AT THE TURN of the 20th century, the most malodorous environmental challenge facing the world’s big cities was not slums, sewage or soot; it was horse dung. In London in 1900, an estimated 300,000 horses pulled cabs and omnibuses, as well as carts, drays and haywains, leaving a swamp of manure in their wake. The citizens of New York, which was home to 100,000 horses, suffered the same blight; they had to navigate rivers of muck when it rained, and fly-infested dungheaps when the sun shone. At the first international urban-planning conference, held in New York in 1898, manure was at the top of the agenda. No remedies could be found, and the disappointed delegates returned home a week early.
Yet a decade later the dung problem was all but swept away by the invisible hand of the market. Henry Ford produced his first Model T, which was cheap, fast and clean. By 1912 cars in New York outnumbered horses, and in 1917 the last horse-drawn streetcar was retired in Manhattan. It marked the moment when oil came of age.
That age has been one of speed and mostly accelerating progress. If coal drove the industrial revolution, oil fuelled the internal-combustion engine, aviation and the 20th-century notion that mankind’s possibilities are limitless; it flew people to the Moon and beyond. Products that have changed lives—from lipstick to CD players, from motorcycle helmets to aspirin—contain petrochemicals. The tractors and fertilisers that brought the world cheaper food, and the plastics used for wrapping, are the progeny of petroleum products.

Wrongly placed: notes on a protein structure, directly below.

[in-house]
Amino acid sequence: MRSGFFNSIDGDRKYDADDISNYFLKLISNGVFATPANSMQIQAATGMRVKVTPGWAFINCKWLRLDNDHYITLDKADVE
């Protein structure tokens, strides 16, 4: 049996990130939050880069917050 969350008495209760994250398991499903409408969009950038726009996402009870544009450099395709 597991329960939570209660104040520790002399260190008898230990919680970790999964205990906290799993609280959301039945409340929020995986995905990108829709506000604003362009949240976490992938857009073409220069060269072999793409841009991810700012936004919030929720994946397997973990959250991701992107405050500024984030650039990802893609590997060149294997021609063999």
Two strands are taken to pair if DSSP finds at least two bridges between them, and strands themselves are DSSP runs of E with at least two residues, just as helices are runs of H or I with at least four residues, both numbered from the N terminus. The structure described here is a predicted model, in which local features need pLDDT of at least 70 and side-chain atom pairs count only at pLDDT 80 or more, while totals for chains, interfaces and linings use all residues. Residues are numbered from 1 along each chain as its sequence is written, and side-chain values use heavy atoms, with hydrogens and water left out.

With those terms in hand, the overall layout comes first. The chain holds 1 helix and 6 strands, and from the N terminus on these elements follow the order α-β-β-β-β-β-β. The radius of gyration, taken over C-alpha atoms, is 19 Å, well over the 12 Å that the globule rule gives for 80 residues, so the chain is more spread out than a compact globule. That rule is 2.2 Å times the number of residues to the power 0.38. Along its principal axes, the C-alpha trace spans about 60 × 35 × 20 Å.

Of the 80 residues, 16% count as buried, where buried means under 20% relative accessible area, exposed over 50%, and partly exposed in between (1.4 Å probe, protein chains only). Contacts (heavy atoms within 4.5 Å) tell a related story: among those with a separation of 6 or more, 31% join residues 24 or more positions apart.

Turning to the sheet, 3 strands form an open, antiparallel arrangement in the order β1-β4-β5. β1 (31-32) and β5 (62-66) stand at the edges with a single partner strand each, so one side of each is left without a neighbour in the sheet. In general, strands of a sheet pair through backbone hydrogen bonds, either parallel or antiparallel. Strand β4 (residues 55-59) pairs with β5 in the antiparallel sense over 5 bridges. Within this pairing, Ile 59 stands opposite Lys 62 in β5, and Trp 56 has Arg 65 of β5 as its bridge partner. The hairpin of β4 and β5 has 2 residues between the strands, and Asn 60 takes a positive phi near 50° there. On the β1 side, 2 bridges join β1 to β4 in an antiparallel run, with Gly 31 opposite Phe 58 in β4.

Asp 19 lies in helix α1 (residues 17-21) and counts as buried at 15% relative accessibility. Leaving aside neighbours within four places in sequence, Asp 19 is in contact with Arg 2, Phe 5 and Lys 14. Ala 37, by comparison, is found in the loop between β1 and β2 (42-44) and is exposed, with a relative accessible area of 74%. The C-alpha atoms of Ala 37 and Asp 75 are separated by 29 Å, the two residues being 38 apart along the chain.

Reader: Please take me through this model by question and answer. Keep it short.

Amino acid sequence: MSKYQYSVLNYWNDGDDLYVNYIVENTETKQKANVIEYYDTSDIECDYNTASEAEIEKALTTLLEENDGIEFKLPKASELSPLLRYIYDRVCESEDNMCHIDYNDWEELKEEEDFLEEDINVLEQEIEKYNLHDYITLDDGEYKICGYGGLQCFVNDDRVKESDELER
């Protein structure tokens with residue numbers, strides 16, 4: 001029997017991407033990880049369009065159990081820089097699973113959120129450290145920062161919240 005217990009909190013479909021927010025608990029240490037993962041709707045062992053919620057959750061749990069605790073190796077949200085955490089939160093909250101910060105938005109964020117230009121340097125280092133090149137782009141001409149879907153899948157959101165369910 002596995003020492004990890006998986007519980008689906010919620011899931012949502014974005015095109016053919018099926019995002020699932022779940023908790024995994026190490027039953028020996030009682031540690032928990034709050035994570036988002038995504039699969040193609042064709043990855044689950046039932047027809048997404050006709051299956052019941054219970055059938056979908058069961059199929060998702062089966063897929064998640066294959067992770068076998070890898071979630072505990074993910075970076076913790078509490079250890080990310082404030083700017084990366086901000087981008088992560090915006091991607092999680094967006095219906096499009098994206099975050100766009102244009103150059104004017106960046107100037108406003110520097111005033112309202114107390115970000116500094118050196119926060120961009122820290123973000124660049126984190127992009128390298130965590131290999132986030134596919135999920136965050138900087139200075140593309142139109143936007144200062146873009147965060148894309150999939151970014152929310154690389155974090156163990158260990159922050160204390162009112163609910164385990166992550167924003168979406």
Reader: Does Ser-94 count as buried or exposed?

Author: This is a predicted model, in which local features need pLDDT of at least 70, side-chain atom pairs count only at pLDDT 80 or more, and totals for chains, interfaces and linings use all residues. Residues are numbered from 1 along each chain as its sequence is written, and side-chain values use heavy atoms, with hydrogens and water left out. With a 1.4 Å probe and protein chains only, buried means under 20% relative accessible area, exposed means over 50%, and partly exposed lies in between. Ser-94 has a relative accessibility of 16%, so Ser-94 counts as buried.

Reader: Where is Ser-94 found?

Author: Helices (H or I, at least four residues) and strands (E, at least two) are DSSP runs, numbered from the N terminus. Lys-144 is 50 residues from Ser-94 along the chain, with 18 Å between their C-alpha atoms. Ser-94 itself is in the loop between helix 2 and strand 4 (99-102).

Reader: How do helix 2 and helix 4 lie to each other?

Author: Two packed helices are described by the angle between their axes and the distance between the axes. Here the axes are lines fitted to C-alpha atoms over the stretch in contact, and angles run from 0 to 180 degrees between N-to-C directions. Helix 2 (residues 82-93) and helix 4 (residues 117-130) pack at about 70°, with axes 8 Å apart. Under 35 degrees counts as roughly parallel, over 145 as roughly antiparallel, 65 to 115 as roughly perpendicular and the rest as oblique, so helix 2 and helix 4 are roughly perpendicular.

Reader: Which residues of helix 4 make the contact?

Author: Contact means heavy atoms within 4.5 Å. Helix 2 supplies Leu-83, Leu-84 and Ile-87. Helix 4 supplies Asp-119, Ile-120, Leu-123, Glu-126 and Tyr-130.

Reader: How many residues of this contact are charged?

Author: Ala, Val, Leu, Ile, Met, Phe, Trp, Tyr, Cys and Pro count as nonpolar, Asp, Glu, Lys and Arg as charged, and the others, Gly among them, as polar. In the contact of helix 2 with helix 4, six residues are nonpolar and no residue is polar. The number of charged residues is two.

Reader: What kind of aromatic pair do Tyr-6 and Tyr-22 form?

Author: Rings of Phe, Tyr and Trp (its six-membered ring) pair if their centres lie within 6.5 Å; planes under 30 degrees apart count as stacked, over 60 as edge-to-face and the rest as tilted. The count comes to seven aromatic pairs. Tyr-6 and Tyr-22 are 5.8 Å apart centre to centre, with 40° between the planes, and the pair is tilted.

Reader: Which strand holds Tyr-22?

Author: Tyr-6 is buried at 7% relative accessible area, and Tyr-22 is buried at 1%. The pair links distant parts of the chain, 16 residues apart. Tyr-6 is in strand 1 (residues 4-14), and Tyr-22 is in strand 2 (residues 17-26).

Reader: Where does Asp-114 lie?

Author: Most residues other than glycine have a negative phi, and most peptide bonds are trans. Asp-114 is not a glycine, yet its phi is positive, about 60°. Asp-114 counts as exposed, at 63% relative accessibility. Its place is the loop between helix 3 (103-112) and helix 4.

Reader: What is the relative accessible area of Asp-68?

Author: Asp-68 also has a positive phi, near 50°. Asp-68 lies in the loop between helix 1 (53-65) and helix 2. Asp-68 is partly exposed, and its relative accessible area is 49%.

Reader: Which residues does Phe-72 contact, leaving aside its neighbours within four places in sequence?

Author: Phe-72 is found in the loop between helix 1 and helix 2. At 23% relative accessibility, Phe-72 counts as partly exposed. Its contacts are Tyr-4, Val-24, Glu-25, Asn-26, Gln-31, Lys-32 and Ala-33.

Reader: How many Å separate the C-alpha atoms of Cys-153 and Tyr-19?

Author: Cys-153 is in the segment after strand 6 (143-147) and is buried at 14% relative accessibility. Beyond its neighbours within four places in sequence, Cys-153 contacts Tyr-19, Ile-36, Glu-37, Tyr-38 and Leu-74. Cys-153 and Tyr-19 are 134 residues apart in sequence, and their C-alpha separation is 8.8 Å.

Oil has changed history. The past 100 years have been pockmarked with oil wars, oil shocks and oil spills. And even in the 21st century its dominance remains entrenched. It may have sped everything else up, but the rule of thumb in energy markets is that changing the fuel mix is a glacial process (see chart). Near its peak at the time of the Arab oil embargo in 1973, oil accounted for 46% of global energy supply. In 2014 it still had a share of 31%, compared with 29% for coal and 21% for natural gas. Fast-growing rivals to fossil fuels, such as wind, solar and geothermal energy, together amounted to little more than 1%.
Yet the transition from horse power to horsepower, a term coined by Eric Morris of Clemson University, South Carolina, is a useful parable for our time. A hundred years ago oil was seen as an environmental saviour. Now its products are increasingly cast in the same light as horse manure was then: a menace to public health and the environment.
For all its staying power, oil may be facing its Model T moment. The danger is not an imminent collapse in demand but the start of a shift in investment strategies away from finding new sources of oil to finding alternatives to it. The immediate catalyst is the global response to climate change. An agreement in Paris last year that offers a 50/50 chance of keeping global warming to less than 2ºC above pre-industrial levels, and perhaps limiting it to 1.5ºC, was seen by some as a declaration of war against fossil fuels.